Family-specific evolution of P450 gene families in Brassica

The Brassica lineage underwent WGT and generated triplicated genomic regions in B. rapa and B. oleracea after the Brassica lineage split from a common ancestor with A. thaliana. According to the syntenic relationships between the A. thaliana and B. rapa genomes, the orthologous P450 genes of 124 and 118 A. thaliana P450s were detected 187 B. rapa P450s and 177 B. oleracea P450s, which were distributed in 41 and 42 P450 gene families in B. rapa and B. oleracea, respectively. Compared with the 46 P450 gene families in Brassica species, five and four P450 gene families in B. rapa and B. oleracea have not detected syntenic orthologous P450s in A. thaliana, indicating the loss of duplicated genes of the remaining P450 gene families after the WGT in the Brassica lineage. Through the analysis of TD for the P450 supergene family, tandem duplicated genes for cytochrome P450s were identified (132/251, 52.59% in A. thaliana; 137/354, 38.7% in B. rapa; and 112/343, 32.65% in B. oleracea) in A. thaliana and Brassica species. Comparison of influence of the WGD and TD events for the P450 supergene family between A. thaliana and Brassica species indicated that TD exerted more effect on the evolution of the P450 supergene family in A. thaliana than in Brassica species, and WGD showed more influence than TD on the evolution of the P450 supergene family in Brassica lineage. Although previous study revealed that genes with essential functions are less duplicated across evolution [47], these two evolution mechanisms still caused the increase of the members of P450 gene families in A. thaliana and Brassica lineage, leading to the 1.4 times members of P450 gene families in Brassica species.

According to the expansion or reduction rates of P450 gene families, 43 P450 gene families were influenced by WGD or TD in A. thaliana, B. rapa, and B. oleracea. The remaining P450 gene families were not detected in any of the WGD-type and TD-type P450s in A. thaliana and Brassica species. These results suggested that not all P450 gene families were influenced by WGD and TD, although the two events played an important role in the evolution of the P450 supergene family in A. thaliana and Brassica lineage. After comparing the different evolution mechanisms of P450 gene families between A. thaliana and Brassica species, we can conclude that the evolution of each P450 gene family in Brassica species has its own family-specific mechanisms.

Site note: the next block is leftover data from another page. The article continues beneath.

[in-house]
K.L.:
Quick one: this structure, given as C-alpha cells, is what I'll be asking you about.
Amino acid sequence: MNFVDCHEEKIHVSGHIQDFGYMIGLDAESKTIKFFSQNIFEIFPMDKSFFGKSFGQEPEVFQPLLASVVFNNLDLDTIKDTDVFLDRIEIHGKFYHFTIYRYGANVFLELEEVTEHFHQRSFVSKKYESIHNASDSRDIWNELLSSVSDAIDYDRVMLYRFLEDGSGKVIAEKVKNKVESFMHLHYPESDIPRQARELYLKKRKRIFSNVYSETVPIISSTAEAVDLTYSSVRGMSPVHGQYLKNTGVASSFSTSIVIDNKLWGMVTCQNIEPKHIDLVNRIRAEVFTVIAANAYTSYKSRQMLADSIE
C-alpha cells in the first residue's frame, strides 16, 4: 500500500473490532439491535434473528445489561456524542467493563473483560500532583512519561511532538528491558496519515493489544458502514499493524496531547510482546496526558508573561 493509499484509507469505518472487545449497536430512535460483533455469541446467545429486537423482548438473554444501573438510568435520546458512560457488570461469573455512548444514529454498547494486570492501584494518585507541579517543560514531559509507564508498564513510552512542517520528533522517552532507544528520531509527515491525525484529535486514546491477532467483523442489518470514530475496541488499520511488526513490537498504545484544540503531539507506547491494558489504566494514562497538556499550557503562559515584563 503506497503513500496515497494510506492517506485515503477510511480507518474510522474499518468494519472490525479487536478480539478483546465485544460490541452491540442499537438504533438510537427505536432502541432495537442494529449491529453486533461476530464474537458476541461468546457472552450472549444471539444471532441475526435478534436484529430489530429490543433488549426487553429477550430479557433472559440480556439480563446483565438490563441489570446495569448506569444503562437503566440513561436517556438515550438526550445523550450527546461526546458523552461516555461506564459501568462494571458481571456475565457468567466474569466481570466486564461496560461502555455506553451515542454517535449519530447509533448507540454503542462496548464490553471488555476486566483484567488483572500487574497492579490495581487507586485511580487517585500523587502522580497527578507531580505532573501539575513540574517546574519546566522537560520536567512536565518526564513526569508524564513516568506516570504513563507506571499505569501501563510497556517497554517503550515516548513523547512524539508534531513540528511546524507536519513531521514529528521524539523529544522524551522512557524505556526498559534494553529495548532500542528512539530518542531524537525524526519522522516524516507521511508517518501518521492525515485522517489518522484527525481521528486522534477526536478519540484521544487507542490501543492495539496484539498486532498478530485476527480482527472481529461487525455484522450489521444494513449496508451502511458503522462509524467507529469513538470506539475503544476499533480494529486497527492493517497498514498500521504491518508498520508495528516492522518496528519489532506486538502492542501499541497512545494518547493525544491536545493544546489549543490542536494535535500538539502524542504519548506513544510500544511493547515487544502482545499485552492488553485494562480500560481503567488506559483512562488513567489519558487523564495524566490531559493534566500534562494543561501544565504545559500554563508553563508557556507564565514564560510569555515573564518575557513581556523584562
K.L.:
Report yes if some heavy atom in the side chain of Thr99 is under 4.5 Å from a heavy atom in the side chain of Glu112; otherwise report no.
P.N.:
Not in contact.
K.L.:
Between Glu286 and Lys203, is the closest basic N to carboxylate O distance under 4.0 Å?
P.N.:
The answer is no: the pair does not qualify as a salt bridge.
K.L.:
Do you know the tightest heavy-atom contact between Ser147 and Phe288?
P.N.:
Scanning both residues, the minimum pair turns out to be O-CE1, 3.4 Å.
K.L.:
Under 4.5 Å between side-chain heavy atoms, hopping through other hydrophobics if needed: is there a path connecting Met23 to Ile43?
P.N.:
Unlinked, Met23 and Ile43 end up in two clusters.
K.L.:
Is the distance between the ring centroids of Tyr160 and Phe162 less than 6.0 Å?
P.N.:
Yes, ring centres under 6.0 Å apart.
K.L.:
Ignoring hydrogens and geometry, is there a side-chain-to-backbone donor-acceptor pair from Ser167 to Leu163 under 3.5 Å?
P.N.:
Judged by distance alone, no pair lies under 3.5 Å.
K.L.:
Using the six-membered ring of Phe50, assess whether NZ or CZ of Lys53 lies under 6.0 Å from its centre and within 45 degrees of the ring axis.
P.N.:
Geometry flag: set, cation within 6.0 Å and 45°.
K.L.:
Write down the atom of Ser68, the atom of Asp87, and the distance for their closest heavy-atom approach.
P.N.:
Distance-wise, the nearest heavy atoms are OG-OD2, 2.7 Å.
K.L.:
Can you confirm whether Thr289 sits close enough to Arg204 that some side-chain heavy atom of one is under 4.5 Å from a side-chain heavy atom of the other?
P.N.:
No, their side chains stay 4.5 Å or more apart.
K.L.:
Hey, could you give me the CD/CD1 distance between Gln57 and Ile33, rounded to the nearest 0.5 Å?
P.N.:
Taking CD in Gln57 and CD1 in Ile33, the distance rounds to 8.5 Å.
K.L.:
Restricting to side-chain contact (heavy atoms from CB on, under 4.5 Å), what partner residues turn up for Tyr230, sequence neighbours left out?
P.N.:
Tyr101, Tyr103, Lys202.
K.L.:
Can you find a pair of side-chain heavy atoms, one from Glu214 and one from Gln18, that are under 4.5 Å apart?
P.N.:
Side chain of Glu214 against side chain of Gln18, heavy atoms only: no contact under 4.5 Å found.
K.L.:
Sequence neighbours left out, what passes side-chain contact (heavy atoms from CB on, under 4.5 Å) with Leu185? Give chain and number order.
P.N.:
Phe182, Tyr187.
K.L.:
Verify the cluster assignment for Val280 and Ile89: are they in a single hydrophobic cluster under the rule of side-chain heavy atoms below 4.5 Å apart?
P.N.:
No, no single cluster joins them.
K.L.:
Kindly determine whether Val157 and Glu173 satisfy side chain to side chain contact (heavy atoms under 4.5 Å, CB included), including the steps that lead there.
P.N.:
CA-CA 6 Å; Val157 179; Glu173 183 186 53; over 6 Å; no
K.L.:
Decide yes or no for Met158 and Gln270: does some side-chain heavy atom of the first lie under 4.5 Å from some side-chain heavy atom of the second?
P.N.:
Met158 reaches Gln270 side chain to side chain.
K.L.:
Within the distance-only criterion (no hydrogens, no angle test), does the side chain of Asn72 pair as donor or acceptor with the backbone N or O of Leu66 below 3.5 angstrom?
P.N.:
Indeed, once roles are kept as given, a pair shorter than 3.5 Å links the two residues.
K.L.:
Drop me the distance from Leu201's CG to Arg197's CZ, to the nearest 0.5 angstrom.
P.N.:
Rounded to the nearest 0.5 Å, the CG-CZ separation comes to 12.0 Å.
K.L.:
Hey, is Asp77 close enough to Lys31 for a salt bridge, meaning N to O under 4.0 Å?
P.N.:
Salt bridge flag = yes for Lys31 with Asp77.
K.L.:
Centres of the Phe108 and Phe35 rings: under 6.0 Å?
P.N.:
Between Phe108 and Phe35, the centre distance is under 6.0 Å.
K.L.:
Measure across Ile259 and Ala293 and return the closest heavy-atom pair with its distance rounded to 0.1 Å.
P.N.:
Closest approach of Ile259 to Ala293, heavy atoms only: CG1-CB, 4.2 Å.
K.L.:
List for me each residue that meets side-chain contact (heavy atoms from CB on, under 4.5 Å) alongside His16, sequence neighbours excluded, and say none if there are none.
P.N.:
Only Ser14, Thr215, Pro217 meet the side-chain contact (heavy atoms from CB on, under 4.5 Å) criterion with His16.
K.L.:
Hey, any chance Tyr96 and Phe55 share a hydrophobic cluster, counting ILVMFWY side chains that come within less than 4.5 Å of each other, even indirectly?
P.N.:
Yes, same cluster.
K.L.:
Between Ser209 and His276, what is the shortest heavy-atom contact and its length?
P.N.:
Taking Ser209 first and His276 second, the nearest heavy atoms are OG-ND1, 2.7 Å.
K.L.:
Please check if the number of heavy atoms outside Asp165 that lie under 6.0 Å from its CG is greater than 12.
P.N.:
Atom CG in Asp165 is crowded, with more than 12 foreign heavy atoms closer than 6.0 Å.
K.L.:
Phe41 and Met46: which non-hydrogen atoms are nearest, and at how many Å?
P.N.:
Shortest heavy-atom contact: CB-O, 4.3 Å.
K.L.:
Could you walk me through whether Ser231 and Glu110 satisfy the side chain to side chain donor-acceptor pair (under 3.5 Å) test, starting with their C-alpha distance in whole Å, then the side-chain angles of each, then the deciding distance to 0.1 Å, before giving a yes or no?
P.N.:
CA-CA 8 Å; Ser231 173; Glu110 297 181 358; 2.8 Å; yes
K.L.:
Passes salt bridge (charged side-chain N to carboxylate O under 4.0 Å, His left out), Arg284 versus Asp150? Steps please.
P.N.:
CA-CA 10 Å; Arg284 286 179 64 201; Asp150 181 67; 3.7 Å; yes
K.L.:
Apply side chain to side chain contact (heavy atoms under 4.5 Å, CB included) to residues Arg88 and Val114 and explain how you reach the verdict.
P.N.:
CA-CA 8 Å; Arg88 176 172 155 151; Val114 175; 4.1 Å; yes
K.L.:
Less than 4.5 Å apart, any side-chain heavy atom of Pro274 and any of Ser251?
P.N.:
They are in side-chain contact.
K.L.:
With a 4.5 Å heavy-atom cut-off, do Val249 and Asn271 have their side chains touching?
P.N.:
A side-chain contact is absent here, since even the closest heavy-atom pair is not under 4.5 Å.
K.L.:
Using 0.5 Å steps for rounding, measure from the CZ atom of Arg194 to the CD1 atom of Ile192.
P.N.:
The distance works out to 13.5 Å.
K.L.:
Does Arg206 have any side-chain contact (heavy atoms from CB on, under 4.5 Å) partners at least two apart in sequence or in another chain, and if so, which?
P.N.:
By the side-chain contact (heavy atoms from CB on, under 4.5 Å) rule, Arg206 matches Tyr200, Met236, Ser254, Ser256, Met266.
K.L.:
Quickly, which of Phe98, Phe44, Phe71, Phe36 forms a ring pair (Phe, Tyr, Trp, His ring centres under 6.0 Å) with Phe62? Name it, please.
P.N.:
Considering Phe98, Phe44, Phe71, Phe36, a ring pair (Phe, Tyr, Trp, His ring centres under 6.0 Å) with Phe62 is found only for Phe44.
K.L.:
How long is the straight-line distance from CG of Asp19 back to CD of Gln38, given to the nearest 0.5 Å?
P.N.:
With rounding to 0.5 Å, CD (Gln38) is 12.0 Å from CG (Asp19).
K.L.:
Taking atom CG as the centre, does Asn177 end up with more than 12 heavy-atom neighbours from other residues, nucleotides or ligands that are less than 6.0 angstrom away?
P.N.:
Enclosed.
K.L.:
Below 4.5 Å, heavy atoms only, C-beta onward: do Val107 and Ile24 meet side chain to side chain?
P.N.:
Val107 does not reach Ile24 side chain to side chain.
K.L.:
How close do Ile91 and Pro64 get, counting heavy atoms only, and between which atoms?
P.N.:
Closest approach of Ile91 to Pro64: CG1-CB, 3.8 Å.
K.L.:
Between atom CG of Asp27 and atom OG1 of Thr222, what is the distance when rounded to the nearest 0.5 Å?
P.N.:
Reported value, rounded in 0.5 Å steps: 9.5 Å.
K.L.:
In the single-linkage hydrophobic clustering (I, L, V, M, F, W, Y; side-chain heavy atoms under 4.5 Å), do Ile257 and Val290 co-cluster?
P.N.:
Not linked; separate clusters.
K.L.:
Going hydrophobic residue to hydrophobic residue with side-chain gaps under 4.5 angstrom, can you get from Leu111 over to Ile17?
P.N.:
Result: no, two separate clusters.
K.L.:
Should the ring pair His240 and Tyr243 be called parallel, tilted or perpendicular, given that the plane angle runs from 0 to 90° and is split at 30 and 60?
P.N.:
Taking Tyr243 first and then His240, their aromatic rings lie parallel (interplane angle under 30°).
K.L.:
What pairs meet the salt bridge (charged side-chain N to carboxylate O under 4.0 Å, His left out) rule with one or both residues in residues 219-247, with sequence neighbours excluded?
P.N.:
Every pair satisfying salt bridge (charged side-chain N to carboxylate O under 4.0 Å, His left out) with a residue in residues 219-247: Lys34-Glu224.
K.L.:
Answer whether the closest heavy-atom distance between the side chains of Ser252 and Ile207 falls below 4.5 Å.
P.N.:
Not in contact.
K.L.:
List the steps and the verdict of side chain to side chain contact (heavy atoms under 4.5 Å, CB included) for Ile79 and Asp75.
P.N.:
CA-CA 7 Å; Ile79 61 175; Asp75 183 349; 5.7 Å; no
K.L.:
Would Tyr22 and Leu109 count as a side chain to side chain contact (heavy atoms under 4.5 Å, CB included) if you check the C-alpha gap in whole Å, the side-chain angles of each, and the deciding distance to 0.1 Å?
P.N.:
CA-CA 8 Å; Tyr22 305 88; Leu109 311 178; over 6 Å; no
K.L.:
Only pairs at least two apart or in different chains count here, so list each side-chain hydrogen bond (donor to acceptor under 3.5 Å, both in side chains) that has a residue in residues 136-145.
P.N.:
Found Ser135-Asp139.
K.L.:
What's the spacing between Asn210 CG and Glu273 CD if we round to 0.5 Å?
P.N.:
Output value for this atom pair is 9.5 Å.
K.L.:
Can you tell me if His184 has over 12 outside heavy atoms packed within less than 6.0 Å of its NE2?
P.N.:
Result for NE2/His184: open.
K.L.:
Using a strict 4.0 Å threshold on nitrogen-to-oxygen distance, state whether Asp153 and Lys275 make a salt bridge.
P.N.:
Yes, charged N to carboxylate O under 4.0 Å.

Dynamics of TD in the evolutionary history of the P450 gene family

According to syntenic relationships between A. thaliana and Brassica species, tandem duplicated genes were classified to confirm ancient tandem duplicated genes through analysis of location on syntenic genomic regions in A. thaliana compared with B. rapa and B. oleracea genomes. This result indicates that these ancient tandem duplicated genes were generated before the split of A. thaliana and Brassica ancestor from a common ancestor. Except for the ancient tandem duplicated genes, the remaining tandem duplicated genes in A. thaliana and Brassica lineage have not showed ancient syntenic relationships. This result indicates that these genes were generated after divergence of the Brassica ancestor. The cytochrome P450 genes that formed after the divergence of Brassica ancestor were species-specific tandem duplicated genes in B. rapa and B. oleracea. These results suggest that the tandem duplicated P450 genes formed in a continuous historical process, ending with the evolutionary history of cytochrome P450s. This phenomenon is consistent with a previous report that tandem duplication occurred continuously throughout the evolutionary history of corresponding species [42].